How Can I Help A Grieving Friend? Posted by The Probate Bureau , 14/04/2020

How Can I Help A Grieving Friend?

How Can I Help A Grieving Friend?

Grief comes to us all at some point in our lives and can affect everyone in different ways. But what can you do to support someone who has recently lost a loved one?

People worry about saying the wrong thing or, worse, they don’t say anything at all and avoid the person who is grieving. It isn’t an easy situation to be in, but here are some pointers that may help.

Seven Ways To Help

1. Reach out to them. It doesn’t matter if you don’t know what to say, it is about being there to support them. Let them know they are not alone.

2. Listen. Rather than you trying to find the right words that will bring them some comfort, let them talk. They might want to remember happy times, or they may want to discuss practical issues, like the funeral. Either way, give them time and listen to what they want to say.

3. Be accepting. Grief can affect us all in different ways. There is a process to go through, but it isn’t the same for everyone. Don’t tell them how they should be feeling, just let them feel.

4. Practical help. There is so much to do when someone dies, letting friends and family know, planning the funeral. But there are also day-to-day tasks that need to be done. Offer to pick the kids up from school, do the washing or prepare some food. Be there for whatever they need.

5. Ongoing support. It is a common misconception that once the funeral has taken place, life goes back to normal. It doesn’t. And what frequently happens is that friends and family drift away once the wake is over. The time after the funeral is often the loneliest. Be a good friend and continue to offer support, whether that is emotional or practical.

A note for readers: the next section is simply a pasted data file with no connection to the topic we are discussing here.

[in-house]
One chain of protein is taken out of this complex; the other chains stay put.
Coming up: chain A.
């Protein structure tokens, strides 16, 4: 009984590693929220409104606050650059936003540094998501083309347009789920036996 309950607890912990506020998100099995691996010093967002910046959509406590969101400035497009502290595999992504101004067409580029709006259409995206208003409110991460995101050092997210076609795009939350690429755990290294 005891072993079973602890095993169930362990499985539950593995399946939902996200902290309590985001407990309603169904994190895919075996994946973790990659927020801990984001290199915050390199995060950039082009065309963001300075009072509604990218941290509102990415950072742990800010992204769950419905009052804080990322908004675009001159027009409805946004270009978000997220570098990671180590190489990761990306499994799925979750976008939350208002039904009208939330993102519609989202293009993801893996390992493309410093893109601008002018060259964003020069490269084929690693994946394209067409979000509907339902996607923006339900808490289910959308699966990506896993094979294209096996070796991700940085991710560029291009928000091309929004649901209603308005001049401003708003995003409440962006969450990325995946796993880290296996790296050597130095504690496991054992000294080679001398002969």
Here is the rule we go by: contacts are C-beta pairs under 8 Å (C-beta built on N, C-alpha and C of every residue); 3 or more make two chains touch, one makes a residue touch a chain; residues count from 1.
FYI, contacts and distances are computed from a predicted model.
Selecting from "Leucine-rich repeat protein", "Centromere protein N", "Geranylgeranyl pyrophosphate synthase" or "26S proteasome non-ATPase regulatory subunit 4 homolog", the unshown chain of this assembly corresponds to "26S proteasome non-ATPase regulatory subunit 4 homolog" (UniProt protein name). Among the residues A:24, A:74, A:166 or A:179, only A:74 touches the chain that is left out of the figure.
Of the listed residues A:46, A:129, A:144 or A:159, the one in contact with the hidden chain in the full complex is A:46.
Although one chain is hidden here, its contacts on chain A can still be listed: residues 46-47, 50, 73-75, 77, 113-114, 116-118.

6. Be careful what you say. There is no rulebook on what the right thing is to say, and it will often depend on your friend and the circumstances in which their loved one died. But some things are best left unsaid … like comparing their experience to yours – everyone’s situation is different. Or imposing your religious beliefs on them by saying they have “gone to a better place”.

7. Allow them to show their emotions. There will be a lot of tears. Don’t be afraid of saying something that will trigger crying. Their emotions will likely be near the surface anyway and it is all part of the grieving process.

While your friend goes through this difficult period, being there and letting them know they have someone they can call at 2am when they need to talk is the best thing you can do. Hopefully, they will return the favour when the tables are turned.

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